China’s unique nature really helped Red Bull here. They were able to stretch their ultrasoft tires within five laps of Mercedes and Ferrari on the softs. Allegedly, the ultras were only good for as much as five laps, yet RBR ran them nearly three times longer! Have RBR unlocked the secret to tire wear? Of course not. Adrian Newey’s Red Bull cars are traditionally terrible on tires, especially in the rear. The RB14 (like many of its predecessors) places a lot of downforce on the front end, but much less on the rear. This tends to chew up the rear tires. But, a track like Shanghai is front limited due to the very long corners. So for a team like RBR, this evens out tire wear and can let them run longer on the softer tires, allowing them to attempt a risky one-stop strategy like they did in China. Fortunately, the timing of the Safety Car negated the need for that strategy.
And, hats off to Red Bull for pulling off the double team stop , not just on Lap 18, but also during the Safety Car on Lap 31. That was quite a bold move (pitting both cars on the same lap moments after each other), and quite high risk. If anything had happened during Verstappen’s stop, it would have ruined Ricciardo’s race as well. But high risk is what we fans want to see in motorsports- that’s what makes motorsports exciting after all! So hats off to Red Bull for rolling the dice there. That gamble sure paid off.
Hamilton In A Funk & Mercedes Continuing To Slip
When Lewis Hamilton is hot, he is untouchable. But if he isn’t, Hamilton can’t get the best out of the car. Hamilton is not hot right now. Mercedes even said as much this weekend saying Hamilton was “…not in the best place” in China. He really wasn’t ‘in the best place’ in Bahrain either. Well Lewis, it’s three races into the championship, clearly your teammate and rivals are in just fine places, so get with the program! What it’s going to take to get Hamilton’s head back in the game is something only he can answer. Once again, Mercedes doesn’t seem to have the hottest car on the grid and while Mercedes could very well take the lead again as they continue to develop it, but Ferrari is looking to be an even tougher competitor than last year, plus there is the looming threat of Red Bull Racing. If Hamilton doesn’t get his shit together soon, he’s going to be dealing with Verstappen, Ricciardo, and Vettel all trying, and succeeding, to beat him on any given weekend. It’s one thing to cover a single rival, but three at once is a bit tougher. Maybe it would help if Hamilton remembered his times at McLaren or his early years with Mercedes when he wasn’t in the best car on the grid, but could still win.
When Does the Iceman Get Hot?
Kimi Raikkonen must get a hell of a salary to put up with the crap Ferrari gives him. Keep in mind that Ferrari’s last driver’s champion was Kimi, back in 2007. So why on God’s green earth is he being treated as an obvious Number 2? Kimi has been used as air support for Vettel and, to be honest, Kimi hasn’t shown the form in the last few years to really warrant equal treatment in Ferrari. This has helped Vettel to cement a strong Number 1 position, and this year Ferrari is exploiting that relationship to its fullest. In Hungary in 2017, Raikkonen was used as a blocker to allow Vettel the win when a problem with his steering prevented his wheel from being centered in the car. In 2018, this has been even more apparent: in Australia, Kimi was pitted very early to force Mercedes to pit Hamilton and prevent an undercut (allowing Vettel to stay out longer, luckily long enough to grab a lucky VSC). Kimi claims he missed out on pole in Bahrain because Ferrari did not give him enough of a gap to Vettel and he could not get his tires ready for the flying lap.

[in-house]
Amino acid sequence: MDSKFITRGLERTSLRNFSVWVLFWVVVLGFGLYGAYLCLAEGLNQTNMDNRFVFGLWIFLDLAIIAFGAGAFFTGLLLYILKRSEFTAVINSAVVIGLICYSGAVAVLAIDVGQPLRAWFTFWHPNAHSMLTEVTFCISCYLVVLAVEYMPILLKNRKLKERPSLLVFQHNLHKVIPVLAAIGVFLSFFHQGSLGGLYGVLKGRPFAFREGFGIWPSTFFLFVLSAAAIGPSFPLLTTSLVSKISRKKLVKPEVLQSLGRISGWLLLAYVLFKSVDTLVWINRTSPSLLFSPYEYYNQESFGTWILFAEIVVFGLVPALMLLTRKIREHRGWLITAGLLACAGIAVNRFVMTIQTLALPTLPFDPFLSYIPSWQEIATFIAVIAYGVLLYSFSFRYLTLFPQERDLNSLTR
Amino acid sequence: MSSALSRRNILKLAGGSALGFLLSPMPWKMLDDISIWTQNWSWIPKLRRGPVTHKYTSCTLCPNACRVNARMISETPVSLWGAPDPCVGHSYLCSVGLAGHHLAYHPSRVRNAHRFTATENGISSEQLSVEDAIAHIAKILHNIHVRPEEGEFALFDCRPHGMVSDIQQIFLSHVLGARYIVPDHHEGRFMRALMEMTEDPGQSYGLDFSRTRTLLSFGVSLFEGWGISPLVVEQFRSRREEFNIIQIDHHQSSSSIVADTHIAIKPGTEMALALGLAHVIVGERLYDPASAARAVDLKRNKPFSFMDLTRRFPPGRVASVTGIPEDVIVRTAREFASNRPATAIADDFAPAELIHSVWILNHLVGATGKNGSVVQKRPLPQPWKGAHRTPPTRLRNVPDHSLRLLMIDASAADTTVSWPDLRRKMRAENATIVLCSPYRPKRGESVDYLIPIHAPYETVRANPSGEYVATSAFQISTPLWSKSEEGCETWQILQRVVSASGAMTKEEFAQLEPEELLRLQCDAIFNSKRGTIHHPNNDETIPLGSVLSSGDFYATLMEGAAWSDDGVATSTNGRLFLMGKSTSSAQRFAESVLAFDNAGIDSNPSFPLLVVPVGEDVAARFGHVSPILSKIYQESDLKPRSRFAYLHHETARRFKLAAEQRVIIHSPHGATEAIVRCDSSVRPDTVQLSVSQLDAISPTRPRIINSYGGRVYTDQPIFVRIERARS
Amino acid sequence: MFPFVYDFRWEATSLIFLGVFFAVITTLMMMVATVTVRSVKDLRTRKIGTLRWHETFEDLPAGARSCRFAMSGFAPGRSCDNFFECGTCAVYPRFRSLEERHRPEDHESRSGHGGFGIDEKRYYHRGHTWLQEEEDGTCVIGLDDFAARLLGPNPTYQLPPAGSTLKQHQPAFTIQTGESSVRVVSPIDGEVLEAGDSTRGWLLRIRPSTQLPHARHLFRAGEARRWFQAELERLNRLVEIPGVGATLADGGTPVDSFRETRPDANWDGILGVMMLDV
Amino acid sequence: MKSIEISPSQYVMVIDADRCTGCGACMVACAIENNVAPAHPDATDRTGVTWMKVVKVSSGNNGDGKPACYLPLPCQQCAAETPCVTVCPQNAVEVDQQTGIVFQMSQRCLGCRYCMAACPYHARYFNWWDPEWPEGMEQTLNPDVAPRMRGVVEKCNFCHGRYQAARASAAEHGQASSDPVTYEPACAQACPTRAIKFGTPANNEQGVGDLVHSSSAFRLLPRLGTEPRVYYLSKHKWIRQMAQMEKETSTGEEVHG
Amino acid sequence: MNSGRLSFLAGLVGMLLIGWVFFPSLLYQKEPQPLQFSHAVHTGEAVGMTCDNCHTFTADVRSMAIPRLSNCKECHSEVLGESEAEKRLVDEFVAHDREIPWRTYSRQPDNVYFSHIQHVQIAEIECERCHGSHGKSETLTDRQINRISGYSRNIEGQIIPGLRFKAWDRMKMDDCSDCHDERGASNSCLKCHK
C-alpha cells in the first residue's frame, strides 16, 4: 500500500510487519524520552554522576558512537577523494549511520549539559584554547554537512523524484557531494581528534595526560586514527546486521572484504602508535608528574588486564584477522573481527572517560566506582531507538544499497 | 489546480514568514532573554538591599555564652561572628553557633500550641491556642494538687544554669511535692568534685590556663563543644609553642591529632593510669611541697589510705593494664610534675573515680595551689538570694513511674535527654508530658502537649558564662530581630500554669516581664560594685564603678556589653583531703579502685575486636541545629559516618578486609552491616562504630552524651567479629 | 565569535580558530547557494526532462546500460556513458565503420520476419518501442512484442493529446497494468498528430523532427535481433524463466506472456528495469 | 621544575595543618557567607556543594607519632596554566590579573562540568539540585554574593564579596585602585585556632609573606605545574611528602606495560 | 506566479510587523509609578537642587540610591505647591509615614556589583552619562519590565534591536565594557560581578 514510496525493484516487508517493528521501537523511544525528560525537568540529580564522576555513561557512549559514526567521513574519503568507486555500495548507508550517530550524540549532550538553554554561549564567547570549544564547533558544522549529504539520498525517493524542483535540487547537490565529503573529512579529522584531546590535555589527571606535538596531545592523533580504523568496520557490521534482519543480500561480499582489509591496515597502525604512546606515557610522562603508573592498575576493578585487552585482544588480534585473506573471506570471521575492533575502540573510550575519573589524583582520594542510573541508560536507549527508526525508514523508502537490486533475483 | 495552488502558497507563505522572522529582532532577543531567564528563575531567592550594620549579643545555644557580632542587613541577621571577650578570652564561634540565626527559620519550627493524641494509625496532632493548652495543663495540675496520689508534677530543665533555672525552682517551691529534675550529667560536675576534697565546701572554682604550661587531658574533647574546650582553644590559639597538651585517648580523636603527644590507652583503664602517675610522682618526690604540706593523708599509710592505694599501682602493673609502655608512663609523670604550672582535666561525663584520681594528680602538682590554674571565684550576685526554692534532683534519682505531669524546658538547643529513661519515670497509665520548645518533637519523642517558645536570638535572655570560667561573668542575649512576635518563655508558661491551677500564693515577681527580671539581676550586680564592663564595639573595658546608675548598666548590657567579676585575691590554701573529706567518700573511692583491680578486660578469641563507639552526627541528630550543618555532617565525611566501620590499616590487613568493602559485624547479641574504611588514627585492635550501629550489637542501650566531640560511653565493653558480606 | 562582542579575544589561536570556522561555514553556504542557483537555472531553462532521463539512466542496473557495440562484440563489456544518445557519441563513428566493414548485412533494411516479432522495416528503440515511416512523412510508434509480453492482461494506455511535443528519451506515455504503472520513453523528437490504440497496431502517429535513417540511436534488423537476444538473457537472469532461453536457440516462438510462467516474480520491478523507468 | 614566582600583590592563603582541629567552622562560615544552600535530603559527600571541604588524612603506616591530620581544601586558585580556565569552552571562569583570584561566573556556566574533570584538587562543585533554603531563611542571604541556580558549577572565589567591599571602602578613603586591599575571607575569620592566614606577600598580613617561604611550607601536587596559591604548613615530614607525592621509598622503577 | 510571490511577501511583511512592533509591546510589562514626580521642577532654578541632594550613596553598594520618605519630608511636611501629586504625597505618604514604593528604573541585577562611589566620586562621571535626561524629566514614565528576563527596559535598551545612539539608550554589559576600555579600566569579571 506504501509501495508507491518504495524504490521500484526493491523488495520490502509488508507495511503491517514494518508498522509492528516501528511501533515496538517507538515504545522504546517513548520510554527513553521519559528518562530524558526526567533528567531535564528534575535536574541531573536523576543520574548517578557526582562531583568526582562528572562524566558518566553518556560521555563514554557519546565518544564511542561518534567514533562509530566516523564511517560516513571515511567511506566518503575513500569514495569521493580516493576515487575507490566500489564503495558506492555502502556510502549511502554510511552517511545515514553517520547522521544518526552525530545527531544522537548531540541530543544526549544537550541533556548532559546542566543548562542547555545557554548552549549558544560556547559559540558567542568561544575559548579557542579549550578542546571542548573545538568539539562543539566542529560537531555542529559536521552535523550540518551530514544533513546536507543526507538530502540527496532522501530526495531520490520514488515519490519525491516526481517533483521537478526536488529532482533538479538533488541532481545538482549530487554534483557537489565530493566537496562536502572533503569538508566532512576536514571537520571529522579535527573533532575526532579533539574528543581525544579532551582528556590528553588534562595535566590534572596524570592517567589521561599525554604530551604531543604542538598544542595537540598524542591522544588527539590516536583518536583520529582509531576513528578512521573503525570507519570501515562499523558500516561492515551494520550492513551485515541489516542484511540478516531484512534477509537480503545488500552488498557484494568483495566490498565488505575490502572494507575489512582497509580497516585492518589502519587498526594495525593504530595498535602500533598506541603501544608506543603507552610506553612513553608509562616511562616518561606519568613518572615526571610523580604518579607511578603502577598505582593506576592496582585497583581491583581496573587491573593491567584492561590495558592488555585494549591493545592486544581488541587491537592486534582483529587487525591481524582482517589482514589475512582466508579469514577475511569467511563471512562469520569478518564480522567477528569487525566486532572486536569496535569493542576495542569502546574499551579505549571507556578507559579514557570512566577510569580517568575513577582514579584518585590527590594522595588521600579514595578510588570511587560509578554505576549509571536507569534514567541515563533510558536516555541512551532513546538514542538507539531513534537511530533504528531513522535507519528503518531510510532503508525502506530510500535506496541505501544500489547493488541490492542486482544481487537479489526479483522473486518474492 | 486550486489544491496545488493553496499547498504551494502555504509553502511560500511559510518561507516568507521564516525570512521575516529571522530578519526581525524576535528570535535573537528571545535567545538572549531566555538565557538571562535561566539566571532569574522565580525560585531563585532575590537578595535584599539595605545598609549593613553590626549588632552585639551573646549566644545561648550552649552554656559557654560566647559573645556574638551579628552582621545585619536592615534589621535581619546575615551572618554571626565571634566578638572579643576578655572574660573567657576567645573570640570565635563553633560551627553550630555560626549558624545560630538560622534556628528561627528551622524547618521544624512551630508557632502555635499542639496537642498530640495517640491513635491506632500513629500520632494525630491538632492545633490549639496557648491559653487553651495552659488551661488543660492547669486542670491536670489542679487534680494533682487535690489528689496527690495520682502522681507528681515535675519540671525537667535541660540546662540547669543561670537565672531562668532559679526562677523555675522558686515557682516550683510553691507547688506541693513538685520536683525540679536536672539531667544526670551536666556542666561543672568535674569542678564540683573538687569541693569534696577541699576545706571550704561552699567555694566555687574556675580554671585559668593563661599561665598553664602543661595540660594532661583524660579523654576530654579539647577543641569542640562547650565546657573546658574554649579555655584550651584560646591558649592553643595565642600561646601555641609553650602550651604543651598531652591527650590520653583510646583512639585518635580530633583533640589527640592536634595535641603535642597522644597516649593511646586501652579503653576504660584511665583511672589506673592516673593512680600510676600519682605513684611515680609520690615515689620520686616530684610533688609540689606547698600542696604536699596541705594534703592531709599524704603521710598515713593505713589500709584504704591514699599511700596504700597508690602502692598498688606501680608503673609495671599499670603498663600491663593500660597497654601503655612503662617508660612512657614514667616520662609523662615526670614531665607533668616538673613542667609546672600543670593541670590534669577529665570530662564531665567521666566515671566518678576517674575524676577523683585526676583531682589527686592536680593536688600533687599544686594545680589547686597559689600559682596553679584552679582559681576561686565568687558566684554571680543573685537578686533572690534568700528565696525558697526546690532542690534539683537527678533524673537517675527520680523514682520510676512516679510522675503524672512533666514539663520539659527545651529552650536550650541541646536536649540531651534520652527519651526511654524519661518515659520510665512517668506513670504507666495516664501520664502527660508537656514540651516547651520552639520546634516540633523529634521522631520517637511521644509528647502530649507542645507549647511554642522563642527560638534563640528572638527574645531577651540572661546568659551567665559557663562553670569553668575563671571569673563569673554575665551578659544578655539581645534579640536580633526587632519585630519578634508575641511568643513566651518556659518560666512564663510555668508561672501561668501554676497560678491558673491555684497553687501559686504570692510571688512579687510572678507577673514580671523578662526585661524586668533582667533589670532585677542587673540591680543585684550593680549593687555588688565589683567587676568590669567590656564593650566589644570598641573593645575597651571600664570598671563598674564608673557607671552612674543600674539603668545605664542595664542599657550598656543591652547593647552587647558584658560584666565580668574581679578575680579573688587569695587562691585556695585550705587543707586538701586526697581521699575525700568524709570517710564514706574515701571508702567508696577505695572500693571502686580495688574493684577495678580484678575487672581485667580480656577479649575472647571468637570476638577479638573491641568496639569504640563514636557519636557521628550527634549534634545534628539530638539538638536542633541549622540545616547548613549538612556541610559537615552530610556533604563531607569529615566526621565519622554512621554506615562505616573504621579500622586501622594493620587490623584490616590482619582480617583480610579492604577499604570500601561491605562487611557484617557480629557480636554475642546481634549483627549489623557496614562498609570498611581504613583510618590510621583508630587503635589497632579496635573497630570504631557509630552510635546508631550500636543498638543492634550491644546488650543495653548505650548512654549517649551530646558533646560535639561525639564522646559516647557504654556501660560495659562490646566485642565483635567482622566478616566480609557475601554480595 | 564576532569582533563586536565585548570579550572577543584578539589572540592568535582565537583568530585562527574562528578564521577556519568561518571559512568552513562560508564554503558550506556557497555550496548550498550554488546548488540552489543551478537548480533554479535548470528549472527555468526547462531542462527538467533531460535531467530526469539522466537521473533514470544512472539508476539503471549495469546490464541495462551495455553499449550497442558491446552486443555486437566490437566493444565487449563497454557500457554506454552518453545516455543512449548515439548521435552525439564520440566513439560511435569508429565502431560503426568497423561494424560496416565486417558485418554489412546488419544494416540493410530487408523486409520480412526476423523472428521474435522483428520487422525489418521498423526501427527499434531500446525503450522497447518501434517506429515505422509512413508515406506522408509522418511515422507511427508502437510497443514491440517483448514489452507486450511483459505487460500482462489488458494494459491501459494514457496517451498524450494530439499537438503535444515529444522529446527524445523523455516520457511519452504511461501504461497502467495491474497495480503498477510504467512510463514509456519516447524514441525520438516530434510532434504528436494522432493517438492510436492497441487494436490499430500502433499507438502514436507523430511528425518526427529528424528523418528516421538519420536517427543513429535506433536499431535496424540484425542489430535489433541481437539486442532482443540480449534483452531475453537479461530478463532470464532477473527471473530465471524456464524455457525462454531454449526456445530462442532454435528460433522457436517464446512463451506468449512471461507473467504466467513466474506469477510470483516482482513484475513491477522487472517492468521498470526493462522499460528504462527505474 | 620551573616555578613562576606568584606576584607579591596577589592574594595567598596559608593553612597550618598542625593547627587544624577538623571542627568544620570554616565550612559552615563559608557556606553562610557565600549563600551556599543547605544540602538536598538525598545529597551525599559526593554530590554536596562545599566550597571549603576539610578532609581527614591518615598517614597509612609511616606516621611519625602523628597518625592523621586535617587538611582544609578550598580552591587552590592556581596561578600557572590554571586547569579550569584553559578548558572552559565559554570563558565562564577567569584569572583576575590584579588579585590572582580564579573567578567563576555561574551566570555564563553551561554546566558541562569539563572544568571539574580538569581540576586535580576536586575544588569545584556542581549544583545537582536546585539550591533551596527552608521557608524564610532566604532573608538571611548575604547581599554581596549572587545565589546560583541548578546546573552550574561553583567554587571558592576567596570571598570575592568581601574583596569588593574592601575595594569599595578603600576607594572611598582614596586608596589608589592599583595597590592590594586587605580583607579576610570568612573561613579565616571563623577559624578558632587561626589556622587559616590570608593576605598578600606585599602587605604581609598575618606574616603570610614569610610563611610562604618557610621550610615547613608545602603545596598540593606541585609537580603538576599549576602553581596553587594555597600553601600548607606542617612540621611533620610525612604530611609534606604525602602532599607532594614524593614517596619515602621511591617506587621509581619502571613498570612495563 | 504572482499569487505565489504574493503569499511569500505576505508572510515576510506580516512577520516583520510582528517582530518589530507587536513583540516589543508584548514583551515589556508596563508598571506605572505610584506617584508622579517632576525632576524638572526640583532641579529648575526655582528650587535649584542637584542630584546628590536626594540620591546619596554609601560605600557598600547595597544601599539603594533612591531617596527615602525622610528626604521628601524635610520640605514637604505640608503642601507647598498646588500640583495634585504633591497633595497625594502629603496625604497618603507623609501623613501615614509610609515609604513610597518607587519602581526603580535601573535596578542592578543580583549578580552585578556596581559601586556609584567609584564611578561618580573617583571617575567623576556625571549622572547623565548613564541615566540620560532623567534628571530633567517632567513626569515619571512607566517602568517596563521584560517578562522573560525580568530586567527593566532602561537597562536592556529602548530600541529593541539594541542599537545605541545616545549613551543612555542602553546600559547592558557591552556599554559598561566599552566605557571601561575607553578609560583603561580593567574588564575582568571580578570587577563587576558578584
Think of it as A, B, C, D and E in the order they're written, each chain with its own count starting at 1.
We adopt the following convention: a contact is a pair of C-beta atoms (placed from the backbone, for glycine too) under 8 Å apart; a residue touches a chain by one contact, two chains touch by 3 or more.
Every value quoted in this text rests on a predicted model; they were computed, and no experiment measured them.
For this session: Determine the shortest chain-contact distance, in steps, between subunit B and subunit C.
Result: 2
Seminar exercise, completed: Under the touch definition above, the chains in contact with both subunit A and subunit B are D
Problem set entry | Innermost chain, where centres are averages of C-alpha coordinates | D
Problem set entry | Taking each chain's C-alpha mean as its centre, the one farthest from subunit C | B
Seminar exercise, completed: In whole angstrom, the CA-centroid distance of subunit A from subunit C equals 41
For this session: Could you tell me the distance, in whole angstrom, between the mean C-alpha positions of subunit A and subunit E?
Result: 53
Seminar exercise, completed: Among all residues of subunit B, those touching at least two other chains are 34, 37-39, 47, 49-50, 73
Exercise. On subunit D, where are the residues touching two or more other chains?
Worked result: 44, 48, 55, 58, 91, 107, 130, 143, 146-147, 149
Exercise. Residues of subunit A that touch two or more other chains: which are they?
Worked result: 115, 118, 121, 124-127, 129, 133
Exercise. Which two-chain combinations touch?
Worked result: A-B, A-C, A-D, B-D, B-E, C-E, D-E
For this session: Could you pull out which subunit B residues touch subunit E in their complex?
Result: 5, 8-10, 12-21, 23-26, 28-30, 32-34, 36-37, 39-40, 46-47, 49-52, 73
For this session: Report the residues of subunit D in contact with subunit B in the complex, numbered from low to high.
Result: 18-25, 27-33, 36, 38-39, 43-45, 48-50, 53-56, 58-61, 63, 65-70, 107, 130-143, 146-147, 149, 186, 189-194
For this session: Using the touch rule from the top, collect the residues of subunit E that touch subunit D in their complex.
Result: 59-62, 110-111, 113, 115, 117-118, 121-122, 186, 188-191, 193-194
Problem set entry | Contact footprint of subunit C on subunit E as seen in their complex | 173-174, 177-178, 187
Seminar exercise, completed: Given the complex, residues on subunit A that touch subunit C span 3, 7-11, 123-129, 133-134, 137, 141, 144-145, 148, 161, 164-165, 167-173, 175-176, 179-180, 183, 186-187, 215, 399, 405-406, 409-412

In China, the disparity was on full display. First, Vettel cut clear down on his teammate to prevent Kimi from getting the inside line. Legal, yes, but also very unsportsmanlike to your own teammate, and the result was Kimi lost so much momentum he dropped from 2nd to 4th. Then, Ferrari intentionally left Kimi out to dry when Vettel’s pit stop didn’t go as planned and he lost 2nd to Bottas. And, the real kicker was when the Safety Car came out on Lap 30, Ferrari intentionally left Kimi out even though there was plenty of time to pit him and hedge their bets on grip being an advantage over track position (he was in 6th at the time with a large gap to Nico Hulkenberg in 7th, so he had nothing to lose by pitting). But if Ferrari had given Kimi fresh tires, it would have lead to a rather interesting radio call: “Sebastian, Kimi is faster than you, do you understand?.”
If you know Ferrari and their history, you know this was never going to happen. But. Ferrari needs to be careful about how they manage their Finnish driver. Kimi has finally found that missing piece that’s been absent from F1 the last few years and is driving like the Kimi of the early 2000s again. He has been as fast if not faster than Vettel throughout the first three races of 2018 and has been intentionally held back by his own team for the benefit of Vettel. At some point, the Iceman isn’t going to keep putting up with it. Why should he put in 100% if the team is just going to undercut him? Why should he help Vettel if Ferrari is never going to let him return the favor? If Ferrari turns off their Number 2 by mistreating him, it’s going to be impossible to fend off Red Bull and Mercedes. We will be in for a repeat of 2017’s Ferrari implosion if Kimi doesn’t get some recognition and support.